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Iraq insists it won't permit U.S. arms inspectors to stay

Iraq accused the United Nations' chief weapons inspector of taking sides and trying to bully the country, and promised Saturday that it will not back down from its latest challenge to the United States.

The State Department has not ruled out military action against Iraq for demanding that Americans leave the team working to ensure that Iraq dismantles its weapons of mass destruction.

Vice President Taha Yassin Ramadan said Saturday that Iraq will fight back if attacked: "Iraqis are used to military attacks."

Last week, Iraq gave the 10 American weapons inspectors in Baghdad a week to leave the country.

On Friday, chief U.N. weapons inspector Richard Butler directed his team, including the Americans, to resume inspections Monday. He had suspended operations Wednesday after Iraq ordered the Americans out.

"All nationalities, members of the team will go to work and remain in Iraq," Butler declared, making it clear the Americans would stay.

Ramadan said he wanted to reply to Butler's comments, "but as he has taken sides, I do not see why I should respond. Butler cannot order Iraq around, nor does he control it."

It was the first time a senior Iraqi official accused Butler of failing to be neutral.

The U.N. disarmament commission must verify that Iraq has eliminated all such weapons before the U.N. Security Council will lift sweeping sanctions imposed after Iraq's 1990 invasion of Kuwait.

Iraq claims it has destroyed its long-range missiles and biological, chemical and nuclear weapons. But the commission told the Security Council in October that Iraq was withholding information.

Ramadan said Iraq would welcome a Security Council envoy to discuss the standoff.

"Our doors are open to whoever wants to come . . . and wants to contribute positively," he said.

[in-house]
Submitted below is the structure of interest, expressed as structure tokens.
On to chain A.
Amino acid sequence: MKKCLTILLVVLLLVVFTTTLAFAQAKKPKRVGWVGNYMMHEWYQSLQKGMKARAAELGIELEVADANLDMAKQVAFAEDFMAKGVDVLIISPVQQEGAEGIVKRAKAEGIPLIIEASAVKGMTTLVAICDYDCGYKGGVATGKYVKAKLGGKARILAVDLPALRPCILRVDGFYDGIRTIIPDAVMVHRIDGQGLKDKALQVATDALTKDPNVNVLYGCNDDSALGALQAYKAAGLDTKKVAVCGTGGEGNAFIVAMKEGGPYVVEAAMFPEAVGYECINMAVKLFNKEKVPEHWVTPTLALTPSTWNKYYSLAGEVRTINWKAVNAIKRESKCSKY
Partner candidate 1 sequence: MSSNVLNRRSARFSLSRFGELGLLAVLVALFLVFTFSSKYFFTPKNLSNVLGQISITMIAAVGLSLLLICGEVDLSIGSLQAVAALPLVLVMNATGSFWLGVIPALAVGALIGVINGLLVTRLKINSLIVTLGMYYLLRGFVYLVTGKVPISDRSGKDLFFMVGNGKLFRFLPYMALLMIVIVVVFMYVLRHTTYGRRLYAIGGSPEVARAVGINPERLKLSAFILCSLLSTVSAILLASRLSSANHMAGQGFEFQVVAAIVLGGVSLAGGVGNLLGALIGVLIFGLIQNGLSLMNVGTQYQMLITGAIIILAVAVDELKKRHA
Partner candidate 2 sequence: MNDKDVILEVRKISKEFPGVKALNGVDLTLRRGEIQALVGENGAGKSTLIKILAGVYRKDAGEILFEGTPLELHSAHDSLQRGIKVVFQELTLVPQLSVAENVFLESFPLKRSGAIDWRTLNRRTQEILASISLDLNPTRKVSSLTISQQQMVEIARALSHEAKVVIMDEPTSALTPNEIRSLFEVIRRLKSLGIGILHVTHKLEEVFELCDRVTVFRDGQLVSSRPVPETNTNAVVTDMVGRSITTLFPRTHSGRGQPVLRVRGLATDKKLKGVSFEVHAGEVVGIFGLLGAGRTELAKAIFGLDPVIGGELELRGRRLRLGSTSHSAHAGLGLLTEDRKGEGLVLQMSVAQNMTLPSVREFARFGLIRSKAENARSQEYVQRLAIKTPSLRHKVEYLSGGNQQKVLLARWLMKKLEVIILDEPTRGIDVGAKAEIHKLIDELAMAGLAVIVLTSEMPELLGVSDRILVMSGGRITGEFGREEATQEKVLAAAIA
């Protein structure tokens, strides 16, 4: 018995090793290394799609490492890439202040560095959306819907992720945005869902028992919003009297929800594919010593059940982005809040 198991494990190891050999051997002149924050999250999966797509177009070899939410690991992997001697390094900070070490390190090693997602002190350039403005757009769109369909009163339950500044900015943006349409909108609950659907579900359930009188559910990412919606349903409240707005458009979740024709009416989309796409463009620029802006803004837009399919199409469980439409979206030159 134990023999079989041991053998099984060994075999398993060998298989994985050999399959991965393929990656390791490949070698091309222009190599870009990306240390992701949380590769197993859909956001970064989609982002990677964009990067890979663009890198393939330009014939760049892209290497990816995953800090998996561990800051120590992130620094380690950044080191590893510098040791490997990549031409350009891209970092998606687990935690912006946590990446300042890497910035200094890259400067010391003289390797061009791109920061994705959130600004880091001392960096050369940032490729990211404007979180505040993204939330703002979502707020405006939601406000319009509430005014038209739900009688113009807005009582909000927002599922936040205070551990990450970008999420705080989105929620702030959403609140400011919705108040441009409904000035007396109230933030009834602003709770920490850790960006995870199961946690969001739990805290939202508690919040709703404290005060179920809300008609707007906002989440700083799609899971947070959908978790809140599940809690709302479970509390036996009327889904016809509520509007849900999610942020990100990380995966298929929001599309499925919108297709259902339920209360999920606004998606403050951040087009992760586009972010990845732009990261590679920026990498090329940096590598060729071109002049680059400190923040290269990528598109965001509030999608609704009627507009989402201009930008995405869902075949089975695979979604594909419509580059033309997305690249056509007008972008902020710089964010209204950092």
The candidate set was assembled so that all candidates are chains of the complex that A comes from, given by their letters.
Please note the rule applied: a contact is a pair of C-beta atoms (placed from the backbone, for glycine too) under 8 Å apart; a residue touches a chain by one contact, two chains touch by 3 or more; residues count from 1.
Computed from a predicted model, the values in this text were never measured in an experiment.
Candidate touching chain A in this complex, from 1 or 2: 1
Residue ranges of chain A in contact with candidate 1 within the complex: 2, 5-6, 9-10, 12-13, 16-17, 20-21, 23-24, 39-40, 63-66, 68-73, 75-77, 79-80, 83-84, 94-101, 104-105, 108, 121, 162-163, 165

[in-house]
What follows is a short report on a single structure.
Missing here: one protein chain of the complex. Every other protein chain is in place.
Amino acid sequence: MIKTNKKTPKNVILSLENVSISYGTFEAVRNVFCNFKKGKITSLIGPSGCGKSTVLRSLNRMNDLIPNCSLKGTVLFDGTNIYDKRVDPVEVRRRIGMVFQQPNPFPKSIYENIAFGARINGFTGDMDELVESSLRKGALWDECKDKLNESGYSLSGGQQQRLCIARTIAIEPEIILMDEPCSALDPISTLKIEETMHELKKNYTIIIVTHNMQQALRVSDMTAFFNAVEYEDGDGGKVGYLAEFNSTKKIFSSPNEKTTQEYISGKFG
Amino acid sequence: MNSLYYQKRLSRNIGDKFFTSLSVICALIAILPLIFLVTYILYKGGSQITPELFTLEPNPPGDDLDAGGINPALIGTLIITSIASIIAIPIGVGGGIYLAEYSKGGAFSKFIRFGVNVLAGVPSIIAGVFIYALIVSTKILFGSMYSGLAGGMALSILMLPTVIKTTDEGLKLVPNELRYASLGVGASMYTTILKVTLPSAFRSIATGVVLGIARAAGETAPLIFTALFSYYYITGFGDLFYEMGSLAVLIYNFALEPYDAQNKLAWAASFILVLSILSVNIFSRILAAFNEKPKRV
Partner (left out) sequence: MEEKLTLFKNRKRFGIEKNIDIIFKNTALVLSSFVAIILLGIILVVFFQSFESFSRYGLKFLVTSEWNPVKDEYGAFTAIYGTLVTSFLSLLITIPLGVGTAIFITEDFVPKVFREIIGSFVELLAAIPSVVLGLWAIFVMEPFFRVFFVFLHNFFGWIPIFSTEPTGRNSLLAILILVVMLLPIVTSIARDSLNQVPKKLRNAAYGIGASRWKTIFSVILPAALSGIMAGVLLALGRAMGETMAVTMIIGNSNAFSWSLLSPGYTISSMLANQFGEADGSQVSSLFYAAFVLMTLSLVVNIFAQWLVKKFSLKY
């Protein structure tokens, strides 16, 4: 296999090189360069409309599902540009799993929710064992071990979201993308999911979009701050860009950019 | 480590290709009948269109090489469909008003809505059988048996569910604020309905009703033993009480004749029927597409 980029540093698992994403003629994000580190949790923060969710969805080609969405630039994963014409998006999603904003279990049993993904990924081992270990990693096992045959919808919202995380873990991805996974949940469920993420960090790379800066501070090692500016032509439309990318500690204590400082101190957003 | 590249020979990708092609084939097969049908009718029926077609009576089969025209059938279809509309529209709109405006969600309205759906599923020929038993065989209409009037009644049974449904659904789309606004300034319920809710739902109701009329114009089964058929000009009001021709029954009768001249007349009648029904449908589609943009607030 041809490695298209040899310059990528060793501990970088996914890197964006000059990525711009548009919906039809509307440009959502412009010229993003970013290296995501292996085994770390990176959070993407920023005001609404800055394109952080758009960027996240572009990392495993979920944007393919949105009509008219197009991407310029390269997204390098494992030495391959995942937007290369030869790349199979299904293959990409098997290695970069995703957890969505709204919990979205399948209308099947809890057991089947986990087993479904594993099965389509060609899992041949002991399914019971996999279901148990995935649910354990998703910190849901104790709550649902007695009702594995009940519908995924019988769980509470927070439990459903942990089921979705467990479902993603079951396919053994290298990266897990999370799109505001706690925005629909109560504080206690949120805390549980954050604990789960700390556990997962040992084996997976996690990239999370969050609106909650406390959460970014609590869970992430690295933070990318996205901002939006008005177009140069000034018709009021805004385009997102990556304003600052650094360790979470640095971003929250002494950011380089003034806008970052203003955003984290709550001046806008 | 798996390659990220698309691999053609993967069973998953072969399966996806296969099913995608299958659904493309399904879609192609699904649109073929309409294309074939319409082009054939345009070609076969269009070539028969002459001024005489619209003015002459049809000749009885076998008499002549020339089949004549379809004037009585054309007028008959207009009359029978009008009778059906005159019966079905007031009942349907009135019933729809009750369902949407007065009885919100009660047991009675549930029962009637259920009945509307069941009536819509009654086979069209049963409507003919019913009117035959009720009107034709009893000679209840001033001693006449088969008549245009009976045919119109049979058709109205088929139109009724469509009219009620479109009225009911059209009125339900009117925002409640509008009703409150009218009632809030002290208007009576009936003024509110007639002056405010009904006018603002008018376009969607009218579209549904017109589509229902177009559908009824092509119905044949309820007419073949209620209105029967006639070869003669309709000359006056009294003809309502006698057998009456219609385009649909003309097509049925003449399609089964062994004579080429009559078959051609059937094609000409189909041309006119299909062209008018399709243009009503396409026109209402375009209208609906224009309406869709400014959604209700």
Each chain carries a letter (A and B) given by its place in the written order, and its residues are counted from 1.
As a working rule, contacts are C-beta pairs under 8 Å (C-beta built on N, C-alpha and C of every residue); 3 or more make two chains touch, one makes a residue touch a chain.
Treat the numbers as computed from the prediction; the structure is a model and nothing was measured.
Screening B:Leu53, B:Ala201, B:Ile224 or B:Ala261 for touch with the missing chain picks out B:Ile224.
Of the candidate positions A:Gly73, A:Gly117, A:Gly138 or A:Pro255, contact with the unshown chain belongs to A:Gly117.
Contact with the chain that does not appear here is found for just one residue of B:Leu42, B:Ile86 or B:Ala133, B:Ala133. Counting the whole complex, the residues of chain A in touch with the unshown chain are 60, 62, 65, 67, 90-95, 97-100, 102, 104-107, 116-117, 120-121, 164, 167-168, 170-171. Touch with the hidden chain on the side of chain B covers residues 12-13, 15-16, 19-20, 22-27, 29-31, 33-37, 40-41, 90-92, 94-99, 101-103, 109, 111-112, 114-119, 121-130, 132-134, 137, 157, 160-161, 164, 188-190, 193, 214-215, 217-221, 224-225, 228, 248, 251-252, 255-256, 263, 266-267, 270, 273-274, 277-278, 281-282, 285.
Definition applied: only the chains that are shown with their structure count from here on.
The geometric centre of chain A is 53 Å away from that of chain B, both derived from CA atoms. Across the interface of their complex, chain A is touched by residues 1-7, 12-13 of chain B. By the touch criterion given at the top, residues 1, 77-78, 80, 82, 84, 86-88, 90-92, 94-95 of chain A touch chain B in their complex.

The council, which has warned Iraq of "serious consequences" if it sticks to its decision, ended its session Friday with diplomats talking of intensive diplomacy over the next few days to try to persuade Iraq to back down.

Britain has urged the Security Council to respond to Iraq "in the strongest possible terms."

"Iraq's action continues to be unacceptable," White House spokesman Barry Toiv, with President Clinton at Amelia Island, said Saturday. "We made it clear last night that Iraq cannot interfere with U.S. monitors."

Meanwhile, about 2,000 people marched through central Baghdad and demonstrated in front of the U.N. Development Program building Saturday.

Protesters shouted slogans like "Down! Down with America!" during the demonstration organized by the government through the state-run Laborers Association.

The U.N. Development Program has nothing to do with the U.N. disarmament commission but is often chosen as a protest venue because of its central location in the city.

An Iraqi government newspaper noted Saturday that Russia and China opposed a military attack and encouraged them to take a more sympathetic line.

"The Russian and Chinese call not to use force must be translated into practical work . . . to push immediately for dialogue and to listen to Iraq's views," al-Jumhuriya said in an editorial.

Companies from Russia, China and France are negotiating oil exploration contracts with Iraq that would take effect once U.N. sanctions are lifted.

The three nations abstained on a Security Council motion last month that criticized Iraq for withholding information from U.N. inspectors and that threatened to impose a travel ban on some Iraqi officials.

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